It’s still dark when Aminata* wakes up. This night, as is often the case, was short and unbearably hot. She kept her newborn baby close to her, nursing from time to time. The regular breathing of her other children, all lying beside her and lined up on old worn mats, kept her awake for a while. The change in temperature caused the tin roof to creak for much of the night, which serves as a shelter for her family. Her husband, a miner who escaped famine in his country, found this old sheet metal plate on an abandoned site not far from the mining area where they settled a few months ago.
Discreetly, Aminata, like many women in the artisanal gold miners’ village, takes a plastic basin and places it on a piece of dyed fabric, which is taped to the top of her head. She also picks up a large yellow canister that is so heavy when it is filled with the 25 liters (about 7 gallons) of water, then she takes the narrow path that leads to the backwater pond. There is no water in the village, except in the rainy season in the lowlands. So, before the sun is burning hot, you have to walk a long way to that pond, a few kilometers away. Sometimes Aminata hopes that her husband will find a gold nugget, the biggest nugget there is, so they can buy a donkey and a cart. It would be so much easier for the daily chores that wear her out and so quickly. She walks briskly, trying not to focus on the strange noises that fill the night sky, praying fervently that an elephant might not have the stupid idea of going to the backwater pond at the same time as her and her fellow women friends! And once there, Aminata also hopes that the big, very big crocodile who, it is said, devoured an old woman who was doing her laundry a few days ago, will not be waiting for them…
When she returns to the hut that she calls home, the children are all awake. The father has already gone digging. He won’t come home until nightfall. Aminata’s eldest daughter prepared a meager meal for her brothers and sisters. A millet porridge that will have to last until the evening. Aminata takes her youngest and nurses him again, then puts the sleeping mats away, pours a little brown water into a container to wash a loincloth. She looks at her children and hopes that one day her husband will really find the biggest nugget and that her daughter will be able to go to the village school on the other side of the backwater pond. She would like so much that she could learn to read and write, then go to the city, find a small job, a housekeeping job for example, and so that she could support her family who stayed in the mine. Aminata hopes…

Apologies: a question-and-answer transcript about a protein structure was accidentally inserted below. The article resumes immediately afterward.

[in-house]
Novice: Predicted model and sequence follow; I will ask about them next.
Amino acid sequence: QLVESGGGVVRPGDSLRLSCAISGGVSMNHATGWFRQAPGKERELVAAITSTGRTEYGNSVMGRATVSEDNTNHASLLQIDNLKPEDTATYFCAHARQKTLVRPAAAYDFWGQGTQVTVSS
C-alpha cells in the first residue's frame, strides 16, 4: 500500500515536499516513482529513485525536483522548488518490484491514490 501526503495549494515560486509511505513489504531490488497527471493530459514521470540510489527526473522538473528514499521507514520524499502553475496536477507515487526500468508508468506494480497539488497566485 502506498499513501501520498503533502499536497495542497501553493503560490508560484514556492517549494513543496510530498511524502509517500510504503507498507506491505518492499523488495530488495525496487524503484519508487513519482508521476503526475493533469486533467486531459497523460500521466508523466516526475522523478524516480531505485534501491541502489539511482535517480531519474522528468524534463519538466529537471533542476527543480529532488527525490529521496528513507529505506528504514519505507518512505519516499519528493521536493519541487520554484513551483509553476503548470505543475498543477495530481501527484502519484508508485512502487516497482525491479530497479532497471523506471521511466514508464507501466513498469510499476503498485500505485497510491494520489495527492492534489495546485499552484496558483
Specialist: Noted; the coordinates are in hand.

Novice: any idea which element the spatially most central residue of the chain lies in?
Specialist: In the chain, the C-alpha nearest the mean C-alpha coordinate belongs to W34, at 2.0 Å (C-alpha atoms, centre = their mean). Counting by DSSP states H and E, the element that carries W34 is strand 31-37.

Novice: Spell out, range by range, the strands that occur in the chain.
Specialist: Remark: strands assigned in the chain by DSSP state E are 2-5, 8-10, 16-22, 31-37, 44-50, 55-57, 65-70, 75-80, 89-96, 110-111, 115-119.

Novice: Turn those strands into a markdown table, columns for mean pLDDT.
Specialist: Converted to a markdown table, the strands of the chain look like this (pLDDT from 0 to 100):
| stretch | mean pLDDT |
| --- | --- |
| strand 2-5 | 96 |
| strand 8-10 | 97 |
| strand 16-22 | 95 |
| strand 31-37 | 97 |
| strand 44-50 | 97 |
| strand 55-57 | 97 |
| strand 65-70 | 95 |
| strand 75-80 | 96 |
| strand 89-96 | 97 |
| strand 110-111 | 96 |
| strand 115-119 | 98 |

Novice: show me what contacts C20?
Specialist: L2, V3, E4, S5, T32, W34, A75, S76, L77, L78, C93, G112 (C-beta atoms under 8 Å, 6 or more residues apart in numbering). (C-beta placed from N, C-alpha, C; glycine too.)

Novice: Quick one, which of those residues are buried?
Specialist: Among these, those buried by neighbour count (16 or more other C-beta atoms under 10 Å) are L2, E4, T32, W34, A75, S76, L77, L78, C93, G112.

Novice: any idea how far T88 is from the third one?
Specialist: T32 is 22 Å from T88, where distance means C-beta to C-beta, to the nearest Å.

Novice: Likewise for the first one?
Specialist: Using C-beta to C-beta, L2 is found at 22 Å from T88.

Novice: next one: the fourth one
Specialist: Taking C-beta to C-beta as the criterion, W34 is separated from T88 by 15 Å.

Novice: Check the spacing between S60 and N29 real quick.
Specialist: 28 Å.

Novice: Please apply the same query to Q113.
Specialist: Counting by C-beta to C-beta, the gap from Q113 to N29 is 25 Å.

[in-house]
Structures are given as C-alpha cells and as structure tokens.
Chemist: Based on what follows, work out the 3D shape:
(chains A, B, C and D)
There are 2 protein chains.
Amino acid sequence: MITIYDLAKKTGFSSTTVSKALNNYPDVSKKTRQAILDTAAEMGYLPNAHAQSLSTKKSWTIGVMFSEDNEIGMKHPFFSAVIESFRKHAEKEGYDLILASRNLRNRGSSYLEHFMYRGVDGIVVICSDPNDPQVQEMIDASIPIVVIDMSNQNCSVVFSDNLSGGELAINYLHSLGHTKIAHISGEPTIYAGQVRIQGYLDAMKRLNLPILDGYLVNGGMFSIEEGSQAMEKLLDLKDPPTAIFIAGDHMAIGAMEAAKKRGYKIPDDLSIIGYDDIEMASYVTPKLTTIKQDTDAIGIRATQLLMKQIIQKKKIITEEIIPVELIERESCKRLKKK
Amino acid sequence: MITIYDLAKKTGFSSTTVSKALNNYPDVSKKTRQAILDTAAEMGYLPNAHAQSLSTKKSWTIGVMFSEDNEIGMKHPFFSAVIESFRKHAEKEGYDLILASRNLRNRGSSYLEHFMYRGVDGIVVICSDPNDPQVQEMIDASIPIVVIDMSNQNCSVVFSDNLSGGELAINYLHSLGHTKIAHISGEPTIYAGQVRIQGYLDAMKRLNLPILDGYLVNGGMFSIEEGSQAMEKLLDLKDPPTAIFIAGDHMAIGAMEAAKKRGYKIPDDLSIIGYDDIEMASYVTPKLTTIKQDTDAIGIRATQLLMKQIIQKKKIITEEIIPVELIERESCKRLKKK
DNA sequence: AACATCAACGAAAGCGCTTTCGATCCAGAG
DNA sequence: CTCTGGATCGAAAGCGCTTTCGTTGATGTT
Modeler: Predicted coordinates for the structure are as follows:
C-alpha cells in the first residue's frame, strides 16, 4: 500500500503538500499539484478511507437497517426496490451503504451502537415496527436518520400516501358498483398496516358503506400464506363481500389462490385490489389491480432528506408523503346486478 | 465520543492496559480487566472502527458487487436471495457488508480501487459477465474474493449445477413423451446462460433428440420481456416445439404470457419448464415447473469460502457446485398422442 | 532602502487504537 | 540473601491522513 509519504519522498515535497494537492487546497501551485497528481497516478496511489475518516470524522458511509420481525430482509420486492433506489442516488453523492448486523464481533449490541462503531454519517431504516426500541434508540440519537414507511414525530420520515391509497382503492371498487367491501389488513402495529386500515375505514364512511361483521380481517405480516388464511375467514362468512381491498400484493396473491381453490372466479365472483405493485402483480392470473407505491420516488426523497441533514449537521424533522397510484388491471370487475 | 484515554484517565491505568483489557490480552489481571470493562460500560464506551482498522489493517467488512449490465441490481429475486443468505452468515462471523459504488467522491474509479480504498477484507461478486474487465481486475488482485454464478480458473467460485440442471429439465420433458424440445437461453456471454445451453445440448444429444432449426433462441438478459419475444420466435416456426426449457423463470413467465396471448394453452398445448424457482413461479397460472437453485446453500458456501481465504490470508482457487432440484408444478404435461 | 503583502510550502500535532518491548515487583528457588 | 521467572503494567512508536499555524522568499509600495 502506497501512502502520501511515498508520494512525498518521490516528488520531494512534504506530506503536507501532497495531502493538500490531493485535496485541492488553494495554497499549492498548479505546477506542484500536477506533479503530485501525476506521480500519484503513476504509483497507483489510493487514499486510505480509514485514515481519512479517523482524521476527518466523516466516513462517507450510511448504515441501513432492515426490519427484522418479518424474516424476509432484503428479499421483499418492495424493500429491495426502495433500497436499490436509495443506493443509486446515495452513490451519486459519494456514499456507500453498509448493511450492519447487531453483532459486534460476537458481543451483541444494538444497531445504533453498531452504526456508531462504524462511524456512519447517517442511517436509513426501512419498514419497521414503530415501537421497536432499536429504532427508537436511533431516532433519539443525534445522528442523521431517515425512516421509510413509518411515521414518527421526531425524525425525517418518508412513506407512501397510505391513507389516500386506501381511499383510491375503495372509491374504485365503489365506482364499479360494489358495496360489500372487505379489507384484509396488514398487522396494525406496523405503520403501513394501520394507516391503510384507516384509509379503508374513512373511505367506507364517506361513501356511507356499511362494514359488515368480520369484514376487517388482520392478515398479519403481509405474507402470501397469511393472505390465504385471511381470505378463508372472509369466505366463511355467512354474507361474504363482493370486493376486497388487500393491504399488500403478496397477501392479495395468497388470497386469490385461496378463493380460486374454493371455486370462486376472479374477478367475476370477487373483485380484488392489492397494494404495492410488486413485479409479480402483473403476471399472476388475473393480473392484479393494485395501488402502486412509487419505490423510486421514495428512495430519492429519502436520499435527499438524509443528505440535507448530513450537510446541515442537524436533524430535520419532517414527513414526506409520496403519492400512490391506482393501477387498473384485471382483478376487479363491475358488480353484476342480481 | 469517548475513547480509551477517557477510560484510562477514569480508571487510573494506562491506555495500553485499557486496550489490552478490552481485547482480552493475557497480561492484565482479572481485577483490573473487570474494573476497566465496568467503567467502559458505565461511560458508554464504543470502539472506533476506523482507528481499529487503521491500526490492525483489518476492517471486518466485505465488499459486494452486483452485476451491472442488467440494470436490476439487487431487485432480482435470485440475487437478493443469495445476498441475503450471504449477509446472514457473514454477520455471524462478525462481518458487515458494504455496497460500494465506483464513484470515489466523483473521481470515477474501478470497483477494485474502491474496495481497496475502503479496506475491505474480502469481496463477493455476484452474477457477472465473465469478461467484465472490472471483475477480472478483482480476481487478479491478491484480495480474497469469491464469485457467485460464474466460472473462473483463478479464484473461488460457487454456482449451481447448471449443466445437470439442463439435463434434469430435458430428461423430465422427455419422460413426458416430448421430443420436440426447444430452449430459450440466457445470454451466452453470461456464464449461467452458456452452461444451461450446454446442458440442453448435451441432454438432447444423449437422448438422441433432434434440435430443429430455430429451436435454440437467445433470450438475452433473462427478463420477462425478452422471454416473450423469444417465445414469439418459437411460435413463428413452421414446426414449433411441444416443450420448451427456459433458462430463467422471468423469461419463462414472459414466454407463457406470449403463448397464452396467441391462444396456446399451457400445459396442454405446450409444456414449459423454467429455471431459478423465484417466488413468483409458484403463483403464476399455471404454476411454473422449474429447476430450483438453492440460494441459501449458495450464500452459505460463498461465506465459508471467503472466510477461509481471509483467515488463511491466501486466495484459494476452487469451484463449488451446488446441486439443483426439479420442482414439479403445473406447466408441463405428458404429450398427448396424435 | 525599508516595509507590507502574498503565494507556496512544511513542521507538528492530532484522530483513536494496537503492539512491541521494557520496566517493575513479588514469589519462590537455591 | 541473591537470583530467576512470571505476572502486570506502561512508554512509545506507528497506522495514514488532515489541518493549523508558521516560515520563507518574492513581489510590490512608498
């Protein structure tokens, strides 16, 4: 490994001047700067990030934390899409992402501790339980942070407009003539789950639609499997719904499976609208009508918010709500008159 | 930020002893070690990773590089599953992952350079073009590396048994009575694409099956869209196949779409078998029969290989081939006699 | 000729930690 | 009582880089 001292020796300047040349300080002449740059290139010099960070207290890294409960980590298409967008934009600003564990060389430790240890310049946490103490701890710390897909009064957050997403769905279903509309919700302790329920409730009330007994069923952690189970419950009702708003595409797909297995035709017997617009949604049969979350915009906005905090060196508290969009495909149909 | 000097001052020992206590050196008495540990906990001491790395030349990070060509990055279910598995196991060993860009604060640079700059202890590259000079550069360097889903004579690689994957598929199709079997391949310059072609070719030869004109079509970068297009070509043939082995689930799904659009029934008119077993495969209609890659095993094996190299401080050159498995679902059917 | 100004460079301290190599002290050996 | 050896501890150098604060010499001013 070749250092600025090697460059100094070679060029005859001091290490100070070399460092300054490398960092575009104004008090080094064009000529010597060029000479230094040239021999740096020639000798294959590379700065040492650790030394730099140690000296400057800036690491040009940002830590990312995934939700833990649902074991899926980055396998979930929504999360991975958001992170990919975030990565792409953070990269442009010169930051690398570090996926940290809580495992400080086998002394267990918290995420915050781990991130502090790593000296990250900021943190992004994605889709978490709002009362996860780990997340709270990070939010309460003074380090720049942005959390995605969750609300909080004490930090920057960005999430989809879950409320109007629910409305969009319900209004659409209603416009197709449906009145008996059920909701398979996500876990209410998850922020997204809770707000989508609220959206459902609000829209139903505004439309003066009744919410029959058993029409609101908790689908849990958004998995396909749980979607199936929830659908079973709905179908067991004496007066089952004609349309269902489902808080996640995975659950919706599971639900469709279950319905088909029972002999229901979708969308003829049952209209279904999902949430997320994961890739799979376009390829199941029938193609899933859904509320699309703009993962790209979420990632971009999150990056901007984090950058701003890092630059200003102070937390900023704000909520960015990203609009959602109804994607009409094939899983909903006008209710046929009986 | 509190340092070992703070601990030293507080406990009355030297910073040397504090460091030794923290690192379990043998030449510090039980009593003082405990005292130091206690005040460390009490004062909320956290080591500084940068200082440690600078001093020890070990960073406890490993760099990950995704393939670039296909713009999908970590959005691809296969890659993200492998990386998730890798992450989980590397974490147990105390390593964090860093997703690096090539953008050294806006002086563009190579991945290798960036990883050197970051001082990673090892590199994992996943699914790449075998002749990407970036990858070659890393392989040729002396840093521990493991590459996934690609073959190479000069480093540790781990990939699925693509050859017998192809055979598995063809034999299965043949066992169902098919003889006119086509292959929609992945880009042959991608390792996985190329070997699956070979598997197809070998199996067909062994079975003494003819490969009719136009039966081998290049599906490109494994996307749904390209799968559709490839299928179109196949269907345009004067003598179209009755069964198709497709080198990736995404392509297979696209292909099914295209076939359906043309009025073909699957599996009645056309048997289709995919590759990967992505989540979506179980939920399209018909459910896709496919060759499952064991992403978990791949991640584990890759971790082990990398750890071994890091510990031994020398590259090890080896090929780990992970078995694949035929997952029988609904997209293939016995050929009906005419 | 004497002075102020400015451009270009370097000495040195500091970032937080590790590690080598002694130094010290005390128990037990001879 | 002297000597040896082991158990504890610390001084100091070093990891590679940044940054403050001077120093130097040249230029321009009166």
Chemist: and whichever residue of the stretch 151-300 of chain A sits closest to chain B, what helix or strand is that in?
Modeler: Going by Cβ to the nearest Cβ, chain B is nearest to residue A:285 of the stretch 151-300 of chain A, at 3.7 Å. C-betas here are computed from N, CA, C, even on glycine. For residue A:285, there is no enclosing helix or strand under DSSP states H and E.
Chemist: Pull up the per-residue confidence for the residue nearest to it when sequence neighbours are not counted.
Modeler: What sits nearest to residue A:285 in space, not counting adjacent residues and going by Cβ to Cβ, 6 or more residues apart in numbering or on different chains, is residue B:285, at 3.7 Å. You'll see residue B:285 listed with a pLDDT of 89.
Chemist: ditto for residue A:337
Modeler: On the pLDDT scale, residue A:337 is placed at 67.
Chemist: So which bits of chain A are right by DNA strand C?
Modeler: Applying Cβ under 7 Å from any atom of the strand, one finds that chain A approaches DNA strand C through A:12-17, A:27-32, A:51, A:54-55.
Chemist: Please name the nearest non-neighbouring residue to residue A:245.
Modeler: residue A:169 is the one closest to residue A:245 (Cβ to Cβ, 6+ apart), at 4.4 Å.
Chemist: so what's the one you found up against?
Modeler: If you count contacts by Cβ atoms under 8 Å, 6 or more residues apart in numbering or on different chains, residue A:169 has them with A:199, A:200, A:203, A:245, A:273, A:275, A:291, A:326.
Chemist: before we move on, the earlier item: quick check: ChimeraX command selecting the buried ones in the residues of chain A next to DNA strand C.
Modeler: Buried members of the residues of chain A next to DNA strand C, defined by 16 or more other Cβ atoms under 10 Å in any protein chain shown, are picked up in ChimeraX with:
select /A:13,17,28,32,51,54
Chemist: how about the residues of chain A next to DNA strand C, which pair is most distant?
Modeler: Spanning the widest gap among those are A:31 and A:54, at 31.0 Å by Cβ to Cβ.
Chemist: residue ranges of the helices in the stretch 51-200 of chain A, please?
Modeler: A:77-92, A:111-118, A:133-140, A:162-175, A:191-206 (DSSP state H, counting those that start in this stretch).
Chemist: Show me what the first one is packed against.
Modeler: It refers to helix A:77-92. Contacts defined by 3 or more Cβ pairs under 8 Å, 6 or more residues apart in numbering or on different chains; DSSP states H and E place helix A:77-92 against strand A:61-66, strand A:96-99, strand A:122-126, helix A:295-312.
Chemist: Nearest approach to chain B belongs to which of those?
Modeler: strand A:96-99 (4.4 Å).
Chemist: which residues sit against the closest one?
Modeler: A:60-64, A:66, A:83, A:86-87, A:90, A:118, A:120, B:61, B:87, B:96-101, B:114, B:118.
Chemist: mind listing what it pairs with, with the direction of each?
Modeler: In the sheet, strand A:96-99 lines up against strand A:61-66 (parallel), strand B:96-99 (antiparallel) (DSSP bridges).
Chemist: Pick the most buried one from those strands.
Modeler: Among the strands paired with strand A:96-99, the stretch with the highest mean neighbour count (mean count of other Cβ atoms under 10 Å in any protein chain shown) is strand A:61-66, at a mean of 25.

The sun is already blazing white in the sky when she goes to the mineral crushing area with her children. There, she met the other miners’ wives. Sitting in a circle, under a canvas sheet so worn that only the mesh remains, she pounds all day long into a metal container pieces of quartz that the miners brought up from the black hole. She was told that the pestle she is pounding with was once a part of a truck’s engine. She will crush and crush again. Quartz dust fills the shelter. Women coughing and spitting. The children are also trying to crush. Babies fall asleep on the mothers’ backs to the rhythm of the pestle. Aminata hopes. She hopes that she will be able to leave this painful job and that soon she will join the group of other women who have been trained in market gardening and animal husbandry. How wonderful it would be, she thought, to be able to get up in the morning, to work in the field. To grow tomatoes or lettuce. To water them with the water from the well which, she was told, will soon be dug. To drink all the water she wants. And then, when the season comes, harvest her own vegetables, keep some to feed his family. Then, for the rest, go to the village, on the other side of the backwater pond, where the crocodile will no longer see her as a potential prey, and sell his harvest at a good price, at the main market.
This could change her life and that of her family. Really. Aminata hopes.
*despite the narrative form of this article, Aminata is based on a woman that we have met in Burkina Faso. Her story is real, her plight is authentic, her solution is in our hands.